Not ideal but at least I know what I need to do. So, I
  1. Started SQL Server Agent Service.
  2. Changed Start Mode of SQL Server Agent service from Manual to Automatic.
  3. Added Full-Text search feature to the existing installation of SQL Server 2008.
  4. From Administrative tools, select "Server Manager". Then from the "Roles", click "Add Role". Added following Roles to the server
  • Web Server (IIS) : Adding web server showed the following dialog that I cannot add Web server unless Windows Process Activation Service is installed

    • Clicked Add Required Features and the dialog closes.
    • I installed the following services to the web server role
      1. Common HTTP Features
      2. HTTP Logging
      3. Requrest Monitor
      4. Windows Authentication
      5. Request Filtering
      6. Static Content Compression
      7. IIS Management scripts and tools
      8. IIS6 Management Compatibility
    • Clicked Next and it starts installing the Web Server role


Now that I have installed all the pre-requisites I tried to verify again. There's a "Click to Retry" link in the bottom, which retries all the tests. Clicked it and after about 5 minutes it showed me the following success message.



We are very close now and the whole thing is so much better than what we had in the older versions. Click Next and TFs setup is complete.

Now that TFS is all installed and configured, the next thing I wanted to do was to set up a Team Build. Team build can be on separate machines than TFS but I wanted to test it all in a single machine environment.

To configure team build, I clicked Team Build configuration from the Team Foundation Server configuration wizard and the clicked Start Wizard



The first page of Team Foundation Build service is shown.



I clicked Configure and was presented with the following dialog



Since, there is no TFS server listed, I clicked on the Browse button and then clicked add.


In the dialog, type in the name of my TFS server and then clicked OK.
In the connect to Team Project Collection, click Connect and then click start from the Build Service Host Properties and here you go. The Build Service Host has been configured.



Click New Controller and it will create a new Controller service for you. The next and final step is to create a new Build Agent. Clik on New Agent. The following dialog is shown




Type in a name for your agent, leave controller as default and change the status to Enabled and then click OK. And here you go, our build agent is now available for your build server.



Now, we have successfully completed a a single server installation of TFS and created a build server. If you have worked with previous version, you would appreciate how easy it is as compared to it's predecessors.

In my next post, I will create a new team project and explore new features in the new version of TFS.

Wednesday, 20 May 2009

Microsoft C# 4.0

Today, I had a chance to look at this excellent presentation from Anders Hejlsberg on Microsoft C# 4.0 and it's future direction. Found it really enlightening. What I also find fascinating is that C# is evolving into more and more dynamic language, where type correction is making way for flexibility and powerful expression. We saw some of that with the introduction of var keyword in C# 3.0 and now we have a new keyword "dynamic" for Dynamic Language Runtime. I can almost hear a Visual Basic vs C++ argument echoing into my ears :) Language purists might loathe it  but we can't deny the advantages of dynamic languages in creating quick simple applications. (Imagine the life if javascript was strongly typed). The danger is ofcourse that people would get carried away with it and we would see quite a lot of badly written dynamic code causing lots and lots of runtime type conversions.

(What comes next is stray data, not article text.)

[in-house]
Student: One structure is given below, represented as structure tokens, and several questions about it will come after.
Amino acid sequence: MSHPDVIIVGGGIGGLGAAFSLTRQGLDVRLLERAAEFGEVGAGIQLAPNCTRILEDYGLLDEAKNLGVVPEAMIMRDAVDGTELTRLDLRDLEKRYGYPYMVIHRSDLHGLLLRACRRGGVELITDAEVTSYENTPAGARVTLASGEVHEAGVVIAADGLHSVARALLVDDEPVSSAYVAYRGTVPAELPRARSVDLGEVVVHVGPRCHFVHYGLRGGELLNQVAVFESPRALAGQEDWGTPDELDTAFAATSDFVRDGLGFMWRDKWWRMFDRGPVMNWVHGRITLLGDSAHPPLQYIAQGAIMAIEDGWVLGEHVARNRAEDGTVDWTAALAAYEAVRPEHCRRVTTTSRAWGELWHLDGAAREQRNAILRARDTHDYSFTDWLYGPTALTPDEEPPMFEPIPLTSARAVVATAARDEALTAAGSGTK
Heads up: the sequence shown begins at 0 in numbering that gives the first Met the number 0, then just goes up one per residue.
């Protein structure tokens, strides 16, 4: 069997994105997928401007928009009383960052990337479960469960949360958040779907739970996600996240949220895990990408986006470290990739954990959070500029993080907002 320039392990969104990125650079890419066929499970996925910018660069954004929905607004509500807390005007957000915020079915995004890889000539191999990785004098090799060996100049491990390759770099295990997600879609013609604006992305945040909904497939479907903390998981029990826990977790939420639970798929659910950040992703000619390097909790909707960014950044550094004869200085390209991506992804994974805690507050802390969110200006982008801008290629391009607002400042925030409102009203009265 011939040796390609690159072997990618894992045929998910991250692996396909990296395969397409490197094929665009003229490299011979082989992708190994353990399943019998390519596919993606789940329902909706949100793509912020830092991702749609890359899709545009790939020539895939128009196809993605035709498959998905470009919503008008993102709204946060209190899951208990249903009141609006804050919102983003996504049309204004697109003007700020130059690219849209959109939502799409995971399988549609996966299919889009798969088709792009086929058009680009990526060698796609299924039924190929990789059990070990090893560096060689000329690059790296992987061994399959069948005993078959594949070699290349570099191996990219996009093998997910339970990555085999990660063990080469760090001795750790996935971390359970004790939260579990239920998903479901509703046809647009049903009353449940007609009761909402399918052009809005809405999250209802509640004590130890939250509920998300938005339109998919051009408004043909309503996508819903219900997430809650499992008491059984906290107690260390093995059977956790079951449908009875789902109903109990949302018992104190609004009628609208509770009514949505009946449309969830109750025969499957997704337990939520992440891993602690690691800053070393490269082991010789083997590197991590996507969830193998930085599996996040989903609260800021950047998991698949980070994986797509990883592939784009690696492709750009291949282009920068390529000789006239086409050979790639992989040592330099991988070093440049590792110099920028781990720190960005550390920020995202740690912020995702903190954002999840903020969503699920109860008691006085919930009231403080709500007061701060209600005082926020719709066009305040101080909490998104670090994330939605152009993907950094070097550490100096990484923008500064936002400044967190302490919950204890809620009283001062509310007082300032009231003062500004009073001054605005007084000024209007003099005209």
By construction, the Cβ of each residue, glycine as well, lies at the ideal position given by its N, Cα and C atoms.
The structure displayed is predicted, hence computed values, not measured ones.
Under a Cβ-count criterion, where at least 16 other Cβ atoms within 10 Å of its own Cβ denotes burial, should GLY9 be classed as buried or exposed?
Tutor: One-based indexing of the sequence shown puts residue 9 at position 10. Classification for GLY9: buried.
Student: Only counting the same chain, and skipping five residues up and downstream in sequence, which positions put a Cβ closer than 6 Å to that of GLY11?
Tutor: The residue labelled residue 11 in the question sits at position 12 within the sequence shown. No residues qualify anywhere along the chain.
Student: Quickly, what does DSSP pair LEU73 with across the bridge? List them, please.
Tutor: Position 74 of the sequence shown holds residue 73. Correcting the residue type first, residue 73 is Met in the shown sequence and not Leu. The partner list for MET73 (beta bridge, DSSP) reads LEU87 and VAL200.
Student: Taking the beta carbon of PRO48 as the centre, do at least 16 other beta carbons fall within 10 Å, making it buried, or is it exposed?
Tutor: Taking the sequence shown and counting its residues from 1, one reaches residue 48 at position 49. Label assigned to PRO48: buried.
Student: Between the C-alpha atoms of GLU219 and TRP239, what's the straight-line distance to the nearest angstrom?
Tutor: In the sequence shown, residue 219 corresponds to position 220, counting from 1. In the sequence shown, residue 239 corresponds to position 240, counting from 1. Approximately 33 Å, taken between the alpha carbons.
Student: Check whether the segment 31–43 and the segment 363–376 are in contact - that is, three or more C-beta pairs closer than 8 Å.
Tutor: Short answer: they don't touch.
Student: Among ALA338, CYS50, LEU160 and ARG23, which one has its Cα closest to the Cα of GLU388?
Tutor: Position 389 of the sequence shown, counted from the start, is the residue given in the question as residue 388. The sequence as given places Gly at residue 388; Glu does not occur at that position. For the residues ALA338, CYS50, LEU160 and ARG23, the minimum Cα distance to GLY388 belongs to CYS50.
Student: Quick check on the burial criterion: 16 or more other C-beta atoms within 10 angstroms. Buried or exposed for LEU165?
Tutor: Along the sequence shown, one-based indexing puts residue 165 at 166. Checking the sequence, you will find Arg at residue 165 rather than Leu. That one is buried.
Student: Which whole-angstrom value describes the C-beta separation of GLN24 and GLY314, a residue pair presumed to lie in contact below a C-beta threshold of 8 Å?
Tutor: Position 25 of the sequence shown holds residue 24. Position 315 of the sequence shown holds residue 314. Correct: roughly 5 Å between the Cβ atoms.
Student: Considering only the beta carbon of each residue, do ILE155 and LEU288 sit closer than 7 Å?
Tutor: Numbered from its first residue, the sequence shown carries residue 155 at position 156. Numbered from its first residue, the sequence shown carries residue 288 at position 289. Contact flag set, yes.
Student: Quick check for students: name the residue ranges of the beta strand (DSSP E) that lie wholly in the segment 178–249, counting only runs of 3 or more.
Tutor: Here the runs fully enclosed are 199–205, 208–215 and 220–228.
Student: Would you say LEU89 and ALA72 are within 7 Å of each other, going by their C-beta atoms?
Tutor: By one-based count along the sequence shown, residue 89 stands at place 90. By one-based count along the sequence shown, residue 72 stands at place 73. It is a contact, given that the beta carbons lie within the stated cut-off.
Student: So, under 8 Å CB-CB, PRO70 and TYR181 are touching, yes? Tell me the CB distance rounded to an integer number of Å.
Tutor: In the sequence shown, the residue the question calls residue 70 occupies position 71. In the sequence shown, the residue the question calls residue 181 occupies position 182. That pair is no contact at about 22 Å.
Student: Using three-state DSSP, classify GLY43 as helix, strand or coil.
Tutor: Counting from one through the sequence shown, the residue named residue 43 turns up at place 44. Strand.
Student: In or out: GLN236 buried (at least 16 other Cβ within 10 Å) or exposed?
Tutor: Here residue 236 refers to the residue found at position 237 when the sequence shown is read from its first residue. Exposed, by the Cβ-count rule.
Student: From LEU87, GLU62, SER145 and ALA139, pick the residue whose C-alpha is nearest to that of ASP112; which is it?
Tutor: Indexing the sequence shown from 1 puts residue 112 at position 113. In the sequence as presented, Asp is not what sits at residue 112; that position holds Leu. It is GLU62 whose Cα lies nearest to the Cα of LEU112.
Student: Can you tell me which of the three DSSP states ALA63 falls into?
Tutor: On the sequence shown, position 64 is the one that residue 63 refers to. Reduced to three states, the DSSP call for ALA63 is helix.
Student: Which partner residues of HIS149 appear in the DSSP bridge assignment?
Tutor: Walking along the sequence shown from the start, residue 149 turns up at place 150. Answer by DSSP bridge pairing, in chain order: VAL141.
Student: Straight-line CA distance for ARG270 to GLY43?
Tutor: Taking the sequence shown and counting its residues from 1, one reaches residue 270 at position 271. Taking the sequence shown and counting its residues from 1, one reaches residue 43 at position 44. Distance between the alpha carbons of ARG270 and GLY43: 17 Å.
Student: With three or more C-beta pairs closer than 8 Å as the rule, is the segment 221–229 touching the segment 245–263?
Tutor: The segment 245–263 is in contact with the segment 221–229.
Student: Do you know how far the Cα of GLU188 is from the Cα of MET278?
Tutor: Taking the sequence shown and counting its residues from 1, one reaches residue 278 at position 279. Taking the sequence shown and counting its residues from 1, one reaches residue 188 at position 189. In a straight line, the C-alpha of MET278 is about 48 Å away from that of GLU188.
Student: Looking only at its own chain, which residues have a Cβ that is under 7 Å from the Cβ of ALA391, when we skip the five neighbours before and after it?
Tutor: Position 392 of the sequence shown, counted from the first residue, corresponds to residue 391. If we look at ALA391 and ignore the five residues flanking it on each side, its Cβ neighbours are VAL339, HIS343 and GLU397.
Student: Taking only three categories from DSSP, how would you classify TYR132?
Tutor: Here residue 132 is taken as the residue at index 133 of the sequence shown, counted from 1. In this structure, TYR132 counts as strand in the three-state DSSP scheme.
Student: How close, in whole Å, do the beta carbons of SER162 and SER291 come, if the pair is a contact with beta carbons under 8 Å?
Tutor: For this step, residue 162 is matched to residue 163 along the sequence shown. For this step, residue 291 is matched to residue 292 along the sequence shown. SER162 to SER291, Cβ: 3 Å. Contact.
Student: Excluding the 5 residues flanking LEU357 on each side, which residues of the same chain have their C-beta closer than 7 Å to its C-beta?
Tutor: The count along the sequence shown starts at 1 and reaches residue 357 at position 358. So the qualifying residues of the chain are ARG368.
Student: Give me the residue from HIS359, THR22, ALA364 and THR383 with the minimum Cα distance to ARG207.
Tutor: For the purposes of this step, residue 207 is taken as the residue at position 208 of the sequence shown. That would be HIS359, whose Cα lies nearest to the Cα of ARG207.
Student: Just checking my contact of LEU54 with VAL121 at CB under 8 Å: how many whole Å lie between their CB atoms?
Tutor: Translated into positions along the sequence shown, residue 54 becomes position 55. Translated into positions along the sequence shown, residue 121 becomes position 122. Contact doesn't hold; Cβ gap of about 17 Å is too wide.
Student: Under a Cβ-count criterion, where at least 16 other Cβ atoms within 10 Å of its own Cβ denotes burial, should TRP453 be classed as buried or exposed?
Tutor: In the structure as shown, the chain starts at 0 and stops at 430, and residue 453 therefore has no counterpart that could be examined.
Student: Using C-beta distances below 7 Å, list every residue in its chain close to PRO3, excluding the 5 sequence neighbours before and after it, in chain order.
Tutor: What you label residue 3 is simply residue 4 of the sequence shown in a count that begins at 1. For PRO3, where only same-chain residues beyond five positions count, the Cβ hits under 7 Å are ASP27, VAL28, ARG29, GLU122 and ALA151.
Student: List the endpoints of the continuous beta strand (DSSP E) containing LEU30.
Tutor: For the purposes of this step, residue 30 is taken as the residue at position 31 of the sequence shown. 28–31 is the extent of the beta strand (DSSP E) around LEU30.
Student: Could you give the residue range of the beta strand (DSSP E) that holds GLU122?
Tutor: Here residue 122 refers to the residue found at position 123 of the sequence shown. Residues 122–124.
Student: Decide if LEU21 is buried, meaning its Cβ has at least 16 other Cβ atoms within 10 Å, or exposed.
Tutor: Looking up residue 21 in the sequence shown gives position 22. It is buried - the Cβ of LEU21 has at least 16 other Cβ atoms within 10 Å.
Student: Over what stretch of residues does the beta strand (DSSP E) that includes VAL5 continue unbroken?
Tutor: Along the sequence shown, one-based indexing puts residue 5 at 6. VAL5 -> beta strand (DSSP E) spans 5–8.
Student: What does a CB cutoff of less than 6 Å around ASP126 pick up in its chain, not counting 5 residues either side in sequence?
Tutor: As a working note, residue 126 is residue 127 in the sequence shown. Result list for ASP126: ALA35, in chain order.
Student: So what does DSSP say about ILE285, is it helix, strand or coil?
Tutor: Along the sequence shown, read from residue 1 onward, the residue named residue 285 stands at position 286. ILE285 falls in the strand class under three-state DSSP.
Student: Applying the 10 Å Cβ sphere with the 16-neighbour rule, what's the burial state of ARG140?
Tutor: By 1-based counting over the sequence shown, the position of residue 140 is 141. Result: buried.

Another notable thing is the use of more and more functional programming features in C#. This is definitely a good thing. Especially now that all modern languages run over a virtual machine, where they have a real chance to get some performance optimisation by doing some clever prediction on the behaviour of executing code.

PS: Beta 1 of VSTS2010 and .Net 4.0 was released today for MSDN subscribers. Here's the link

Sunday, 17 May 2009

Wolfram Alpha

After all the hype, Wolfram Aplha was launched this weekend and has already attracted tremendous media coverage. It's been touted as the future face of internet. Unlike traditional search engines, it claims to be an "answer engine" rather than a search engine. You type in the question and it come up with an answer ... nice.. isn't it. Sounds like the "Computer" in science fiction movies.

Unlike google, it's not a search engine. It's a "knowledge engine" containing trillions of data elements stored in a manner that computation is possible on them. Mathemetica, also developed by Steven Wolframe is at the heart of the engine. I did some queries on the engine like "What is the population of the world" and "center of the earth" and it came up with the numbers - very impressive

Then I remember that is a "I'm feeling lucky" button on google, which also make an "intelligent guess" on your answer. I typed in the same questions "What is the population of the world" and "center of the earth" and google took to wikipedia page about the population of world - not exactly what I asked for. Wolfram Alpha scored over google.